Stronghold 2 is a 3D real time strategy game for the PC and was released in 2005. It is playable both single player and multiplayer. The original game was released in 2001.
The game is set in medieval times and after saving your lord from his enemies you are rewarded with your own castle and land to rule over and defend. You have to protect your castle from sieges by creating walls, towers and training units, whilst making sure you have enough resources available to survive the siege by making your castle self sufficient. In some missions you have to create an army to attack and conquer your enemies castle.
To help you there is two advisers who will give you advice on what to build and what units to train, you can also align yourself with smaller villages and castles for extra resources and trading.
There is a large selection of units and siege weapons to train and research as well.
There is two main campaigns to the game one of peace and one of war, the peace campaign is mainly economic based whilst the war campaign gets you fighting battles against your enemies. You can also play the game either skirmish or free build as well.
A good addition to the game is a scenario editor where you can create your own missions although this can be quite hard to do.
The graphics are pretty good although at times they can seem pretty basic and the controls are basic and easy to learn.
The AI of the game is pretty good and the computer is fairly hard to defeat at times although after a bit of practice you should easily be able to complete the game.
The multiplayer is pretty basic and just allows you to play against other players although it has a habit of losing connection to players so you have to restart often.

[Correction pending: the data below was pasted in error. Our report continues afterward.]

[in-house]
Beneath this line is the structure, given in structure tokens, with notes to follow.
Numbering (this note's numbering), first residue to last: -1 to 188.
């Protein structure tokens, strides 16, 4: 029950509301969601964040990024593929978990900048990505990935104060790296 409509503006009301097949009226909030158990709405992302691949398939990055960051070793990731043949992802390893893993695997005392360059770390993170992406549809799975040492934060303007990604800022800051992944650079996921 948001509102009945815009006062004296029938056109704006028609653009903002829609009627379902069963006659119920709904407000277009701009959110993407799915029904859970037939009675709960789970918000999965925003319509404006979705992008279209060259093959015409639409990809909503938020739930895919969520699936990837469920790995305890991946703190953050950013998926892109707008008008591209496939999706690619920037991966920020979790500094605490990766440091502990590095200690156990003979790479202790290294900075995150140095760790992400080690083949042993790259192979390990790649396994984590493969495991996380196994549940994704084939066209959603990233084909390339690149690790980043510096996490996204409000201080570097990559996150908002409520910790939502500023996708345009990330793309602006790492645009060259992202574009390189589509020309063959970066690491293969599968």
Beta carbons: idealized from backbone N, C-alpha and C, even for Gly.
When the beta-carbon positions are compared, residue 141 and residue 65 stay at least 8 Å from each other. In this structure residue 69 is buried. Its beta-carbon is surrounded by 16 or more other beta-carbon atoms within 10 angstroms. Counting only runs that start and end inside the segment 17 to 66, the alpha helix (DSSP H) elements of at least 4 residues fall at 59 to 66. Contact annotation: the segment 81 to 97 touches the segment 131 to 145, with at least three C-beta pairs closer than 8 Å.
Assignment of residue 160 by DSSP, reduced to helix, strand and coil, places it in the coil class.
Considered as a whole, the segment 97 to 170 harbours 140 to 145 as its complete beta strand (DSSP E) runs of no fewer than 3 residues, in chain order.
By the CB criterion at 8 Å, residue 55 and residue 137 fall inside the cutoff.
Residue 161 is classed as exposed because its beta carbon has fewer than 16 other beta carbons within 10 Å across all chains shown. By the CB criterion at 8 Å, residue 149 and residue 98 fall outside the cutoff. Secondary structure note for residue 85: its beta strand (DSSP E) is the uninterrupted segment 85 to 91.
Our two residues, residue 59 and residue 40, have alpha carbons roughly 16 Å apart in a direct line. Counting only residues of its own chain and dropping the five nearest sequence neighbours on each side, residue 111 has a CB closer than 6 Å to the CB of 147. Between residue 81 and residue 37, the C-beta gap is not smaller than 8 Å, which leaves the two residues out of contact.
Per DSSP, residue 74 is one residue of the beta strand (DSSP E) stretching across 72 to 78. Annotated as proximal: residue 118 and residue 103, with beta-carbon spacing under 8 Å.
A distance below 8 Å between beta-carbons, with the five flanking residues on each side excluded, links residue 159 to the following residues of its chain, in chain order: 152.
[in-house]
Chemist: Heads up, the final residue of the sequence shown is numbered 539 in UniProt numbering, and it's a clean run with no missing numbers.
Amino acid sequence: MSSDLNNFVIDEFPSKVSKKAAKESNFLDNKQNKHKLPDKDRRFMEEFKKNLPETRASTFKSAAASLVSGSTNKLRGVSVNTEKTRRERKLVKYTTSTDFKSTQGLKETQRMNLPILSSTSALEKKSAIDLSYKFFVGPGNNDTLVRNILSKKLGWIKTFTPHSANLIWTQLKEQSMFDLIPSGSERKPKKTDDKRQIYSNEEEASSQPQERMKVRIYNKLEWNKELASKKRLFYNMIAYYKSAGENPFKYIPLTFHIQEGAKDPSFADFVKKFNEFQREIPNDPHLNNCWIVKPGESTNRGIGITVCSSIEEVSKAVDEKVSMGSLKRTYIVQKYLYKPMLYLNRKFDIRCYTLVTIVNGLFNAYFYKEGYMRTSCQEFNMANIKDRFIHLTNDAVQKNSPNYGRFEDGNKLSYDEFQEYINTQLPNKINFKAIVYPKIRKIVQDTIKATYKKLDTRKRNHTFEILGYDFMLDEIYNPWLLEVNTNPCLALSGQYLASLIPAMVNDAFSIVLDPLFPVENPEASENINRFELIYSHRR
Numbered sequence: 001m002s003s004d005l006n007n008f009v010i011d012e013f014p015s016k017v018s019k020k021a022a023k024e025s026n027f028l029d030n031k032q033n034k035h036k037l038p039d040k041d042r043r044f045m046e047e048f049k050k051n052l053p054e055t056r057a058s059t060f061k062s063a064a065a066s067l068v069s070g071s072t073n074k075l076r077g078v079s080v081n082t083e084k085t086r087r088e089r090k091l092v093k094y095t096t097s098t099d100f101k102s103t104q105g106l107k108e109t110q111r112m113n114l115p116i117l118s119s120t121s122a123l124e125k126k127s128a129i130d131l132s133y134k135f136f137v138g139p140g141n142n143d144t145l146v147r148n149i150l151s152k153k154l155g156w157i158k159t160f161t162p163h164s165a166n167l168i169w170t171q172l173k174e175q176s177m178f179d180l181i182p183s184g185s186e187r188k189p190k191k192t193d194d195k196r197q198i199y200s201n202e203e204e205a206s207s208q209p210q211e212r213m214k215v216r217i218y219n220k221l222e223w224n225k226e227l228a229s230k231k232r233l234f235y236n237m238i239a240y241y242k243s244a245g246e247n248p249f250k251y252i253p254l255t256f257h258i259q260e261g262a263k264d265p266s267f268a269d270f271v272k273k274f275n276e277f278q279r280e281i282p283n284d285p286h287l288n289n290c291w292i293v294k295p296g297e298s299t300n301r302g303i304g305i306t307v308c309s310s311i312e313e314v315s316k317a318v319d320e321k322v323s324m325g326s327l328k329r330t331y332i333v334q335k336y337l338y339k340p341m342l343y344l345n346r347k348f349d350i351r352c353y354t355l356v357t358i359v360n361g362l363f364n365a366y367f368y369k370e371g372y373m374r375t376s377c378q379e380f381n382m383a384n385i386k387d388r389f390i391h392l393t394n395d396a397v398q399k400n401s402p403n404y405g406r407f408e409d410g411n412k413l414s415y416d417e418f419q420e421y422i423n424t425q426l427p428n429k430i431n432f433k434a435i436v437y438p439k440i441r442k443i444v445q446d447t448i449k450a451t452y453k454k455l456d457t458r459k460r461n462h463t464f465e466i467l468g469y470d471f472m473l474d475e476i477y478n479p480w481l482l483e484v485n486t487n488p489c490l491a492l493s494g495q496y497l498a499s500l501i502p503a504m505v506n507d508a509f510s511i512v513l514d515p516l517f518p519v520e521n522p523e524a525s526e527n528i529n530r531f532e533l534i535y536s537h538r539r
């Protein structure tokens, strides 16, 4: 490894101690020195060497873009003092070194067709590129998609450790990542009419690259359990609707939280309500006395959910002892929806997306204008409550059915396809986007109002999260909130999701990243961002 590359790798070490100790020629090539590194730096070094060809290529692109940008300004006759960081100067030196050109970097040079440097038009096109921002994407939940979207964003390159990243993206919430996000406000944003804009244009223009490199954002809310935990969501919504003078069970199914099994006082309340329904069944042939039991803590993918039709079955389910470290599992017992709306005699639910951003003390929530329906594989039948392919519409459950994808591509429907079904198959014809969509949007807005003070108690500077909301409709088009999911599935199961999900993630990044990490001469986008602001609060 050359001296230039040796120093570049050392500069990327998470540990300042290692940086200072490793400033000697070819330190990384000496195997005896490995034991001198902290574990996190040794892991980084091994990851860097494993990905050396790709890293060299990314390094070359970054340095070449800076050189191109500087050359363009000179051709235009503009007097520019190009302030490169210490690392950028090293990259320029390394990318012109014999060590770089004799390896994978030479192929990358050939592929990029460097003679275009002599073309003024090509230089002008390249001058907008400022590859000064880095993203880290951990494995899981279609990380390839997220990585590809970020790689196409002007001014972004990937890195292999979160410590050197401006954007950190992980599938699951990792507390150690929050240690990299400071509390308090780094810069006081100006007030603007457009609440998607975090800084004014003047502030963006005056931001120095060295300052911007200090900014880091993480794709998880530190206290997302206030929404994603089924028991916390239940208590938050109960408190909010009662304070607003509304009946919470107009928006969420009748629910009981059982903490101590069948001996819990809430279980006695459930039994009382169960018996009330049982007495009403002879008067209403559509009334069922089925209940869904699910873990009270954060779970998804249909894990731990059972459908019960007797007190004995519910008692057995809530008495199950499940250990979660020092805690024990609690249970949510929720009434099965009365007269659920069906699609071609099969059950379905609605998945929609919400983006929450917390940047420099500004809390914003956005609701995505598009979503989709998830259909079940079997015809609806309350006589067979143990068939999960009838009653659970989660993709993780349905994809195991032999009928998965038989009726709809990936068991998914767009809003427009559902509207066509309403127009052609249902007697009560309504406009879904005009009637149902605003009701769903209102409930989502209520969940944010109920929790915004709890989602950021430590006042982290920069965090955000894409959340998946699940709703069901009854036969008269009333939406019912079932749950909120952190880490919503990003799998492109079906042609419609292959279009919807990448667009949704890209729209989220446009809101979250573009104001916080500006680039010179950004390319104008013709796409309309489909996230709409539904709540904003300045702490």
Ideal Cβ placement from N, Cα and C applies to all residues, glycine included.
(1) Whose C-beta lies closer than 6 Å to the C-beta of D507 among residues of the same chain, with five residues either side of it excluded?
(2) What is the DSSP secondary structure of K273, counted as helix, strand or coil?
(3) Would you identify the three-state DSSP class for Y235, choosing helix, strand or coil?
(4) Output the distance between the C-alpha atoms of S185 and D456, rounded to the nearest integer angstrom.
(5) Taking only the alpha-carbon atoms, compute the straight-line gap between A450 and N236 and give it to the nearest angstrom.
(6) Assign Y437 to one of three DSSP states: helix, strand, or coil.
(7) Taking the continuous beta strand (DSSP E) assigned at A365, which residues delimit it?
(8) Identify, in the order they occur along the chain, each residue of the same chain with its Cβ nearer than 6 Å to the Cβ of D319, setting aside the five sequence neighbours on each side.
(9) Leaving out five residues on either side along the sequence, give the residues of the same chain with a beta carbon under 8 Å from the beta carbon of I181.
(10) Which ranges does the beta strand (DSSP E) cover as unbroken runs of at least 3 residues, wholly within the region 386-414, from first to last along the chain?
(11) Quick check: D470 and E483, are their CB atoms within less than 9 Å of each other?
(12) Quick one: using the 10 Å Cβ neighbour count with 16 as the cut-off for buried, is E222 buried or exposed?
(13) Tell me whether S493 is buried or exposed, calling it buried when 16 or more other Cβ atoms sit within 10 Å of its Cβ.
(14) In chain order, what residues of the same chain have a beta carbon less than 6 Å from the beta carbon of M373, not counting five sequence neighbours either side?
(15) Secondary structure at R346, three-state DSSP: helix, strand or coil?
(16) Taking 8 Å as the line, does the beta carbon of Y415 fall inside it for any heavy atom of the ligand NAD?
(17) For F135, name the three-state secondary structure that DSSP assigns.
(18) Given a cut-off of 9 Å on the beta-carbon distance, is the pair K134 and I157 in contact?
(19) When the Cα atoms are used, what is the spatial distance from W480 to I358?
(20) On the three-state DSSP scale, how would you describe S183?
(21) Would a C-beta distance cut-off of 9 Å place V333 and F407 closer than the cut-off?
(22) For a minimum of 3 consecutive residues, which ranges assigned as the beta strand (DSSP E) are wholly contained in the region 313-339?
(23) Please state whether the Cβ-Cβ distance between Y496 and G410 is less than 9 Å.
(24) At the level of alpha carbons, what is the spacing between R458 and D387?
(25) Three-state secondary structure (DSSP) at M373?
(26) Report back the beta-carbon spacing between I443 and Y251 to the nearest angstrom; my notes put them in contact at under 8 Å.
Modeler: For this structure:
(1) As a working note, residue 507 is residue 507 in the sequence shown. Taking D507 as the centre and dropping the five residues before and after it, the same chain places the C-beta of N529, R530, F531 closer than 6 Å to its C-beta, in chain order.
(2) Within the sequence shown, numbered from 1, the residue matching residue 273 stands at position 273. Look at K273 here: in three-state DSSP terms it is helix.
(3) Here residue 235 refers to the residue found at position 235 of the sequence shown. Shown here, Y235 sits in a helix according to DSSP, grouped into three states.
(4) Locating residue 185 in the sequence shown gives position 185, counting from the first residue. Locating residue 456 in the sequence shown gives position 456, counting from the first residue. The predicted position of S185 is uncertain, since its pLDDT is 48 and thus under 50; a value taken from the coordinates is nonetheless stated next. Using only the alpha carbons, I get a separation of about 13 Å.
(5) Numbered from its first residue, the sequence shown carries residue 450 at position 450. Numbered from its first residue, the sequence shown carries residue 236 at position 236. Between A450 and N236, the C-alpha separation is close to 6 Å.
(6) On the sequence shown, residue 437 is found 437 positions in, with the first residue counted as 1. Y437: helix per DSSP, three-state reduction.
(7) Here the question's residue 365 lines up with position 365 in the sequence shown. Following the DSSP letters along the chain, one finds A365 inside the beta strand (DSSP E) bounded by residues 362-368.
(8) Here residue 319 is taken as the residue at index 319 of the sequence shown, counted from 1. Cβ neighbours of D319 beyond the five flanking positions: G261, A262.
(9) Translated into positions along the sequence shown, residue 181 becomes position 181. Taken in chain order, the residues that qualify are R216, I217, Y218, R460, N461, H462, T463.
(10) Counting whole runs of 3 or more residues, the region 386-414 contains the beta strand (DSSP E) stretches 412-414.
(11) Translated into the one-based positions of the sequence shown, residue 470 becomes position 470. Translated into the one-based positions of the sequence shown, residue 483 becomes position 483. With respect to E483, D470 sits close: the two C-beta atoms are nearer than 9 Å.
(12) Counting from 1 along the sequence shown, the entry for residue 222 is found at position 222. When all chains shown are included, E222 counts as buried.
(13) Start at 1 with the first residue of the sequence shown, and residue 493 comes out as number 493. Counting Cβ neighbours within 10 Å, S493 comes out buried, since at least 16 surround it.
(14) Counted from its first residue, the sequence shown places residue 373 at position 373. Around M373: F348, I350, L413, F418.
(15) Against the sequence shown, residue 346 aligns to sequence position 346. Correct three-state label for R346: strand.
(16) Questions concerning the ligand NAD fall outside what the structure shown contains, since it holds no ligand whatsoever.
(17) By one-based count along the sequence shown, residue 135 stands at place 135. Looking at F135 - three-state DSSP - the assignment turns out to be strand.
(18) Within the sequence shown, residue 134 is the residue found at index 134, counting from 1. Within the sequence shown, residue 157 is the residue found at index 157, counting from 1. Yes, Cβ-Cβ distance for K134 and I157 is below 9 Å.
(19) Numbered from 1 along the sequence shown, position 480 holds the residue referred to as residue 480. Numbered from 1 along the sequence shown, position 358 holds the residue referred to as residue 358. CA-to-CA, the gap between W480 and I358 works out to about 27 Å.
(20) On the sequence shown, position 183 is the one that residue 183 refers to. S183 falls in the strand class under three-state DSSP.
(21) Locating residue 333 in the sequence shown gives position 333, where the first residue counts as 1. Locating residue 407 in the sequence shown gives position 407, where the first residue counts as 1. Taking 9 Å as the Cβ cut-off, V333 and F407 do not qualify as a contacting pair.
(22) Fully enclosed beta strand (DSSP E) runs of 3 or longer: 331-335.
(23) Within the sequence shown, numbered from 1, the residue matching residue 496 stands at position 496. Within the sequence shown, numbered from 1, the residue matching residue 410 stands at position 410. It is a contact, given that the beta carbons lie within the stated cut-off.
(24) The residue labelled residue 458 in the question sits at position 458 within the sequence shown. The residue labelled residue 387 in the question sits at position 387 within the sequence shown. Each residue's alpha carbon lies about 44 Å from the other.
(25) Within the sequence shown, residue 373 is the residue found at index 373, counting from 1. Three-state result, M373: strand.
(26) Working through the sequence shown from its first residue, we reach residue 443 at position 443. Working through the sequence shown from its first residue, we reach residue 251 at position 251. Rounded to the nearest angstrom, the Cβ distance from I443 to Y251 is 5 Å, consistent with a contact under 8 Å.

Value for Money
A good strategy game that is fun to play and fairly hard to complete, the game does not suffer from micro management like some games that are similar. A big improvement on the original game. The single player is short but still good to play
The game is rated as 12.
1.4 GHz Processor
256 MB RAM
2.5 GB HDD space
32 MB DirectX 9.0c Graphics Card
Difficulty - 6 out of 10
Game play - 8 out of 10
Graphics - 6 out of 10
Multiplayer - 4 out of 10
Story - 8 out of 10
Value - 8 out of 10
Overall - 6 out of 10
Stronghold 2 is arguably a big improvement from the first. Not just in graphics but in complexity of the kingdom workings and improved AI of both the enemy and the little men and women walking about in your kingdom. I say arguably because many people were turned off by the fact it could get so complicated to run an effective kingdom. If that is indeed the case those people are not going to enjoy the second one much more.
The system went from realistic to just real. If you can build the perfect kingdom here you could very well go back to the midieval era and usurp the king of anywhere and just set things right. Why not. With that said the new depths of realism entailing more buildings that do more specific things has allowed the user to be distracted by something and potentially will cause unrest in the empire as an element is added you weren't quite sure you could support properly. But on the other side of that coin, keep things too simple and you're not going to be performing as effectively as your enemies, and I assure you, they will come, they will see, and they will likely kick some tail.
It seems in this rendition one of the more important elements it recruiting knights and the more powerful units in an empires arsenal requires the new addition of Honor points. You get honor points by holding feasts at your kingdom, when your queen makes like 5 billion dresses that is later sent to the nearest ye olde Sears catalogue.
There are a multitude of ways to acquire honor points, and the more you get the more powerful units you can get, which then allows you to lay down the law on your enemies. But if you're playing just to build a kingdom the honor points are as useful as the soldiers you built. They look nice right?
Keeping your people happier is a bit more difficult here, again due to so many ways of slipping to the system's complexity. The graphics are much better, and the natural recovery of resources are much slower in this one. In the first one if I didn't chop down half that forest within the next half hour my entire kingdom's overrun by what looks like evergreen pine trees. Suddenly i'm seeing my people grow long pointy ears and living for all eternity.